PenReader Handwriting Recognition Technology for In-Vehicle Infotainment Systems Lets Drivers Write Directly on a TouchscreenApril 11, 2014
Cross-platform Tool Supports 42 Languages
FREIBURG, Germany –Paragon Software Group, a leading software developer for mobile devices and desktop computers, announces the release of PenReader 9.0 – a handwriting recognition technology that allows users to write with a finger directly on handwriting-sensitive touchscreens in any of 42 supported languages. The tool is targeted towards automakers and can be incorporated directly into in-vehicle infotainment systems – devices that deliver navigation, entertainment, and networked computing services in cars, trucks and buses. The handwriting recognition technology enriches users’ Internet and multimedia consumer experiences for vehicles.
Handwriting recognition is a smarter and safer way to enter information on the display and requires no special training or handwriting adjustment, with 97% accuracy results. For a few years now, the German automotive manufacturer Audi has equipped their 2011 A8 and A6 models with on-board computers that support handwriting functions capable of entering information into the Multi Media Interface, which includes the car’s media player and navigation system. Audi’s rationale was that some users find it easier to manually enter information rather than pressing buttons. Another German automaker, BMW, called their handwriting recognition feature that allows users to write out addresses and words with their fingertip – iDrive Touch.
The PenReader technology has been in the industry already for 17 years and has been reliably used by millions of mobile users world-wide. Paragon Software developed its proprietary PenReader handwriting recognition software beginning in 1997 for early PDA devices. Over the next few years, specialized operations such as orthographical correction of recognition results and support for 42 world languages were added to the PenReader engine, increasing the complexity, exposure and reliability of its handwriting identification. A full consumer version of PenReader with cursive text recognition was released in 2007.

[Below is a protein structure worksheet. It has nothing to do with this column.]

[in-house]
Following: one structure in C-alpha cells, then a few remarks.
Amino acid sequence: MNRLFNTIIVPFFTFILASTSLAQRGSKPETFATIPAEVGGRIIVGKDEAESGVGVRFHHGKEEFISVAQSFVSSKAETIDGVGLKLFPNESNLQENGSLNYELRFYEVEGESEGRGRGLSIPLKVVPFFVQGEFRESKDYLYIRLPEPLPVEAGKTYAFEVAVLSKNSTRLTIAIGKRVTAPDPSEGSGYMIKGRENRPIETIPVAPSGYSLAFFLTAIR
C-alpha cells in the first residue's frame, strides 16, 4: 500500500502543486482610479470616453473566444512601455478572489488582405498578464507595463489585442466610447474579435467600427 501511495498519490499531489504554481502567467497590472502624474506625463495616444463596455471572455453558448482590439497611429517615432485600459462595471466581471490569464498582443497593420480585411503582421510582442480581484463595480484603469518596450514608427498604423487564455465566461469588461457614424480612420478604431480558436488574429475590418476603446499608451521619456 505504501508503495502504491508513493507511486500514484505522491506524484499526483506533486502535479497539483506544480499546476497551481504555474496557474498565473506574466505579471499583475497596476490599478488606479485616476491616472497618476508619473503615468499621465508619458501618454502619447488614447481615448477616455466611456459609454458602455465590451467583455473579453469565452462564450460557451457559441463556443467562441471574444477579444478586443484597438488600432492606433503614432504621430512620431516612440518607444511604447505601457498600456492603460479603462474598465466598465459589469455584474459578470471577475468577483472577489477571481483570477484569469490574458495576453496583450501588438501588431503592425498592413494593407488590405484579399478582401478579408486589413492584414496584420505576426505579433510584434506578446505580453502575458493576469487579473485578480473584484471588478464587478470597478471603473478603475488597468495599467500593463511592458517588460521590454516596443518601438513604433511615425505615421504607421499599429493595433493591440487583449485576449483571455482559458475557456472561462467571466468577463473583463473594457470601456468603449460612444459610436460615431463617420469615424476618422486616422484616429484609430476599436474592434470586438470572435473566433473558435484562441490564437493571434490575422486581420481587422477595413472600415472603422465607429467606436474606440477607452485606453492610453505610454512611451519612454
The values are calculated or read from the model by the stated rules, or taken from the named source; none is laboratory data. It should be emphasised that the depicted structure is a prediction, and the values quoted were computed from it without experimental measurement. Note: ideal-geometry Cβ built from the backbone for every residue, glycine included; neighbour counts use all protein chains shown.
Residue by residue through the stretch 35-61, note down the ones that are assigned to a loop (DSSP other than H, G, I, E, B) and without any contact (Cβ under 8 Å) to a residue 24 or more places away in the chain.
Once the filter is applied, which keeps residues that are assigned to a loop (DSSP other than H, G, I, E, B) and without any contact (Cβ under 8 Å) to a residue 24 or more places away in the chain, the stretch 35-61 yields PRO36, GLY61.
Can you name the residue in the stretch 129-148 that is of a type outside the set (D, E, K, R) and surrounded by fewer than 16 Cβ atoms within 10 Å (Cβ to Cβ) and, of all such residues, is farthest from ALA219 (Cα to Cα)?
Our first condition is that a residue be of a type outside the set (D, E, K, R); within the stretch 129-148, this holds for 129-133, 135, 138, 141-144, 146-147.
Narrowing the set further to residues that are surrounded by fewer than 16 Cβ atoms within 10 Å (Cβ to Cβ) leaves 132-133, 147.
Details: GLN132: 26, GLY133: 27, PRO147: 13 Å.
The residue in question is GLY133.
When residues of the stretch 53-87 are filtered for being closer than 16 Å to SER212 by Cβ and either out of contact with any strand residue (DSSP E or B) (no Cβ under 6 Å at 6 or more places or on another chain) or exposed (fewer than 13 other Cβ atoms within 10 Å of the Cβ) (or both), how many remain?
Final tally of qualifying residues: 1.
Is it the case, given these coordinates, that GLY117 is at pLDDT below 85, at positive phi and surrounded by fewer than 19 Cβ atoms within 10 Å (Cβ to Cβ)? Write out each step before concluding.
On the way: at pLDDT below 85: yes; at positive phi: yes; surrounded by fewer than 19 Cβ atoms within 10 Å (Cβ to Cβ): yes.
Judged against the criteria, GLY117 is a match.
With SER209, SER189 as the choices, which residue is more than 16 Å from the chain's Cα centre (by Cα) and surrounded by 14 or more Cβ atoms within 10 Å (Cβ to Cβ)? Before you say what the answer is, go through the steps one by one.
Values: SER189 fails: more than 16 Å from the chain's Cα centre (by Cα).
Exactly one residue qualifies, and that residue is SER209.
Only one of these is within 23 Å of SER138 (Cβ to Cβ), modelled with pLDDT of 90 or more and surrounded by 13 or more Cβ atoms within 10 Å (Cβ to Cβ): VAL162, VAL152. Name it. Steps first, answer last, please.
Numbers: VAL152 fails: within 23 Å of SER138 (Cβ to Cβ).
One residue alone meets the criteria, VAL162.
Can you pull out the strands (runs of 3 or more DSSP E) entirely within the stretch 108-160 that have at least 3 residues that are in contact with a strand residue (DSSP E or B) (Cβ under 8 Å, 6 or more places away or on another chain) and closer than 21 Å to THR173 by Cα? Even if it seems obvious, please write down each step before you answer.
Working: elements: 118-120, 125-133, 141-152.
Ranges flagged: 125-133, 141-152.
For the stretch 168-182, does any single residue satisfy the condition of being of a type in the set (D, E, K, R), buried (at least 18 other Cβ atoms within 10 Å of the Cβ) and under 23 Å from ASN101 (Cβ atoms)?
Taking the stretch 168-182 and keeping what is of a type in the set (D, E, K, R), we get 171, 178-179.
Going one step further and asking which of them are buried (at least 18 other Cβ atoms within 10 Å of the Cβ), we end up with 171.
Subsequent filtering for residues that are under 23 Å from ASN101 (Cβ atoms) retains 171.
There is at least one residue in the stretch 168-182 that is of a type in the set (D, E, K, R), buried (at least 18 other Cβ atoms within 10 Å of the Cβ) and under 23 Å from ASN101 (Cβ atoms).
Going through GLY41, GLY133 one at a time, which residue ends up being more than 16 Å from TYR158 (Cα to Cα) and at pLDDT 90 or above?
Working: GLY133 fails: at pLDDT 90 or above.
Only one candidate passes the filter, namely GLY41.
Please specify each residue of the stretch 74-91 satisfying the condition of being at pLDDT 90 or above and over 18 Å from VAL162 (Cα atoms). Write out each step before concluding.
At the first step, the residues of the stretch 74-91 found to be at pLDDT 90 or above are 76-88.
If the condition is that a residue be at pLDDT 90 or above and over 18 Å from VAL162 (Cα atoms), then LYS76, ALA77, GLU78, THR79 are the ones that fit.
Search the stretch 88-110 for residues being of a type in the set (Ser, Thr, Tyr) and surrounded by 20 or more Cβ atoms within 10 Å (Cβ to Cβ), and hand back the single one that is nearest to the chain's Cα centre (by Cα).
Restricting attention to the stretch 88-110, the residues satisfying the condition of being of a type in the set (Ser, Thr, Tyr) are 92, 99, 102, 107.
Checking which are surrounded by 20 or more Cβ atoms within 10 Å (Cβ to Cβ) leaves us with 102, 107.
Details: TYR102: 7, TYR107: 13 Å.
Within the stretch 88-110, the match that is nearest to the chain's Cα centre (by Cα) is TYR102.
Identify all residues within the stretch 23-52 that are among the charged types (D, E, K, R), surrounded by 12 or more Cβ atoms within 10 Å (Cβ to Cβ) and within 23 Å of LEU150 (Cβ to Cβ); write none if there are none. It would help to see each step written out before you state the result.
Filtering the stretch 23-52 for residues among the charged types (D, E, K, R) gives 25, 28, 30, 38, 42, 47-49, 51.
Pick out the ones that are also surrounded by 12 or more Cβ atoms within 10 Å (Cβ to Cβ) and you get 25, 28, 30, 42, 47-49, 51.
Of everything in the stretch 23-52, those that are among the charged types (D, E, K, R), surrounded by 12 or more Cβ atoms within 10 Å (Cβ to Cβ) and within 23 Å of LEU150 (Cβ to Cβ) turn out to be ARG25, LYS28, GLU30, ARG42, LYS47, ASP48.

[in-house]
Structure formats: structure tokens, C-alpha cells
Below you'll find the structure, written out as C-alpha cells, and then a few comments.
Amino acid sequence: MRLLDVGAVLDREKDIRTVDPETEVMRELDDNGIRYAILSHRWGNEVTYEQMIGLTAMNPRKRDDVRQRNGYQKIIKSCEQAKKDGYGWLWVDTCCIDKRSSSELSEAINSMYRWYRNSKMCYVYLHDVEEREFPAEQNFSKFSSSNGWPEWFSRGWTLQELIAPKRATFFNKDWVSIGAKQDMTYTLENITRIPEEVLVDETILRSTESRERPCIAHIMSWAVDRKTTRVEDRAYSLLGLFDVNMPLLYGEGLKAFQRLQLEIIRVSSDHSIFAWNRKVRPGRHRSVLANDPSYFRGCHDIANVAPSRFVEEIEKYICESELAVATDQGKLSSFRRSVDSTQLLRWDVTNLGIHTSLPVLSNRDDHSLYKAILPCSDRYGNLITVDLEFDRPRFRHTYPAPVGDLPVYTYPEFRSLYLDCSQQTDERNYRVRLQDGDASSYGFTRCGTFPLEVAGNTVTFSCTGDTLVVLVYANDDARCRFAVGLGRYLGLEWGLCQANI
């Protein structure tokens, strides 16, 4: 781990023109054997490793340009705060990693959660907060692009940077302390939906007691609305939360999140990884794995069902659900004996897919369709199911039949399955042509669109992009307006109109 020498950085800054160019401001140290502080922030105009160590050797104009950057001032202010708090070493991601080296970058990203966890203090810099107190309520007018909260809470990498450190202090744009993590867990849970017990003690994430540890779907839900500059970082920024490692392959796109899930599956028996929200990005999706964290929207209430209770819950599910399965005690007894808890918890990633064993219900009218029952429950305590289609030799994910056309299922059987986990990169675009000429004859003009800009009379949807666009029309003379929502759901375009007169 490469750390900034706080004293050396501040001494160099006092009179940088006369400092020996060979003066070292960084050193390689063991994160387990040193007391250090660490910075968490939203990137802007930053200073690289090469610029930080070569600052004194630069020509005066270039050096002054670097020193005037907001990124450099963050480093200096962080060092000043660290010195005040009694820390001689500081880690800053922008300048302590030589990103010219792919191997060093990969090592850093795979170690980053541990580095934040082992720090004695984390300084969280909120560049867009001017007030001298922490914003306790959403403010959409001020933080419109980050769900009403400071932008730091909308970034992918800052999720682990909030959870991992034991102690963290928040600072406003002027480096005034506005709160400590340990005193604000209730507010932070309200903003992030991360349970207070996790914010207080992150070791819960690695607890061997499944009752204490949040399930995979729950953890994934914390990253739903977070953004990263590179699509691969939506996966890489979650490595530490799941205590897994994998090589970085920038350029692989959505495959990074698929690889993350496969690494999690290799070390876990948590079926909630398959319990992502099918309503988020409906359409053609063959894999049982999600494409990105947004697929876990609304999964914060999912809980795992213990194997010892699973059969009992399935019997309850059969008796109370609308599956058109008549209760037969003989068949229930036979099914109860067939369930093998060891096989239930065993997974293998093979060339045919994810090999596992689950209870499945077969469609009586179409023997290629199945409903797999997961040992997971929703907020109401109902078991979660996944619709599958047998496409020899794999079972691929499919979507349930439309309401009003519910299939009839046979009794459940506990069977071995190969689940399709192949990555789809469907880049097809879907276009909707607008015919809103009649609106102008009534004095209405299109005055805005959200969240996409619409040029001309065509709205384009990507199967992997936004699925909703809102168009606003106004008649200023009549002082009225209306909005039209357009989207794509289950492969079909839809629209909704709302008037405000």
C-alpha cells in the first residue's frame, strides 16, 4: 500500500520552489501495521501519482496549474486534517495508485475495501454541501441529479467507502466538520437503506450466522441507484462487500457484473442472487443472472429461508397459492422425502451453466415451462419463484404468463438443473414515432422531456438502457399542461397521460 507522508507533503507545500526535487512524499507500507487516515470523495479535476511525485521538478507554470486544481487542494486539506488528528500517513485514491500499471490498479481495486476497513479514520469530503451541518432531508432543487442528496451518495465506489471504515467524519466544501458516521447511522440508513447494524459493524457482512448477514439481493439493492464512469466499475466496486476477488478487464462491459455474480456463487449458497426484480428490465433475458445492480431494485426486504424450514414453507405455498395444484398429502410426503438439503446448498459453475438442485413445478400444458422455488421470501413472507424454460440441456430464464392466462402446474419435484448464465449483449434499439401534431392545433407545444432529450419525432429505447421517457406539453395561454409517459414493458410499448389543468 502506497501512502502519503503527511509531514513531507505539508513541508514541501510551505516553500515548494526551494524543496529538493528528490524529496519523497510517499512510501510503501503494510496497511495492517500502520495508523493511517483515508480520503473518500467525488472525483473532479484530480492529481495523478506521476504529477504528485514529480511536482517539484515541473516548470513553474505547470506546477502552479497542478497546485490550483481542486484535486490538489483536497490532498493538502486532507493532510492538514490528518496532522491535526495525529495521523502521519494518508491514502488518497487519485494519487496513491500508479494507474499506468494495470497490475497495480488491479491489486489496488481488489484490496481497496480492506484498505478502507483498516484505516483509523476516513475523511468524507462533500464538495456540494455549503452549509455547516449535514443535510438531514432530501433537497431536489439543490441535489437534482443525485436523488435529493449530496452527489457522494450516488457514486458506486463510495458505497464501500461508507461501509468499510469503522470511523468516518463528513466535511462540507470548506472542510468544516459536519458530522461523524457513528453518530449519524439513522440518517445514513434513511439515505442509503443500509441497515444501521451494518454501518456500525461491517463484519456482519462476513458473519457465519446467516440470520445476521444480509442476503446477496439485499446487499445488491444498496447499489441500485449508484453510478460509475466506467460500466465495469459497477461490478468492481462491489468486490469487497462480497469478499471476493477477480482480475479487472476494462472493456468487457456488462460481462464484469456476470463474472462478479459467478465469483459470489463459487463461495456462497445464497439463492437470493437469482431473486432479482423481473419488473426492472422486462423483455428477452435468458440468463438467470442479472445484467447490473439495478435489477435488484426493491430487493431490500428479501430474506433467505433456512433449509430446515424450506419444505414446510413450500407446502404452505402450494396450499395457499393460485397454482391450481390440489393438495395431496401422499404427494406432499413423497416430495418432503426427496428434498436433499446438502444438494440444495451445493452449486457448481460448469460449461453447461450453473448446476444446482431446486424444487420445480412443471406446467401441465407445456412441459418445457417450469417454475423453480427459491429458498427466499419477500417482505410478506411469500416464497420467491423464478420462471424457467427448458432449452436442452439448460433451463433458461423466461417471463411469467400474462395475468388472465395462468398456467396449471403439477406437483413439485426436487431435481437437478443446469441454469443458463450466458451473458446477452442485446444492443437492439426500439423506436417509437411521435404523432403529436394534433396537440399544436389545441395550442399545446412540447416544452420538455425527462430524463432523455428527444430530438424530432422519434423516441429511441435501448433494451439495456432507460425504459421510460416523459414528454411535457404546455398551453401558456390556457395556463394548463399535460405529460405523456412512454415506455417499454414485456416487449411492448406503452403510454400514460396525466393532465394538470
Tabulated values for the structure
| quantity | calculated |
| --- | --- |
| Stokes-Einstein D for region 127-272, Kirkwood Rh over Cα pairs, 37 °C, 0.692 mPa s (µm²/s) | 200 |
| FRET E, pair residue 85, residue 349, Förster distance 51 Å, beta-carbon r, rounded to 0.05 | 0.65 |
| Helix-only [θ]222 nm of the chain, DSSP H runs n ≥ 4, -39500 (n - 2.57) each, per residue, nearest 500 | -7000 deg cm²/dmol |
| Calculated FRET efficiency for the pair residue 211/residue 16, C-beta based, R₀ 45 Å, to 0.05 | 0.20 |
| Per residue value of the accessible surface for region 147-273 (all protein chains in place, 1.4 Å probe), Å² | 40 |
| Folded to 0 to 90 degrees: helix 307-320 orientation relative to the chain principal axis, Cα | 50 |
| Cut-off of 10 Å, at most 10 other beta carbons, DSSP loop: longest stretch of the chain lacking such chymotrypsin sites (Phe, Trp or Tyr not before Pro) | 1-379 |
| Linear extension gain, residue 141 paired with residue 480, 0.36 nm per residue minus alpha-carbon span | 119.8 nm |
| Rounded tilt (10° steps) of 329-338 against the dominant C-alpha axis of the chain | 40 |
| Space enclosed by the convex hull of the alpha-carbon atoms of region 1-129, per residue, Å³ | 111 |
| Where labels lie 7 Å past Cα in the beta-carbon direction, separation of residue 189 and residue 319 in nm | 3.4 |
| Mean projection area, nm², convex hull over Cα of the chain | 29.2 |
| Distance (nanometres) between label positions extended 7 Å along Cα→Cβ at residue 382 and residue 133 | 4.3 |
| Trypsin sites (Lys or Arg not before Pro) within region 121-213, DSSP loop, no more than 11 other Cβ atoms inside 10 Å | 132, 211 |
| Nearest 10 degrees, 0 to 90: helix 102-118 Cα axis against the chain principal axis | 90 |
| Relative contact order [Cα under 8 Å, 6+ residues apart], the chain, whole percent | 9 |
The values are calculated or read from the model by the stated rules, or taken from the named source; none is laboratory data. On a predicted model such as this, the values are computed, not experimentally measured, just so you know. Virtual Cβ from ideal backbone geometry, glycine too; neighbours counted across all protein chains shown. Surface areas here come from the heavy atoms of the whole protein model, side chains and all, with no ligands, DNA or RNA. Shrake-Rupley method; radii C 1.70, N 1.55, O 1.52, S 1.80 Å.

Unlike other input methods, PenReader adjusts to the user’s natural handwriting style rather than requiring any handwriting modifications or the use of complex symbols like those used in early handwriting recognition software. PenReader can be used in place of the default keyboard in any application, and can be easily configured to integrate completely with any operating system. The company recently released the PenReader API as part of a software development kit aimed specifically at device manufacturers.
PenReader supports 42 world languages, all major operating systems and is available for licensing: http://www.handwriting-sdk.com
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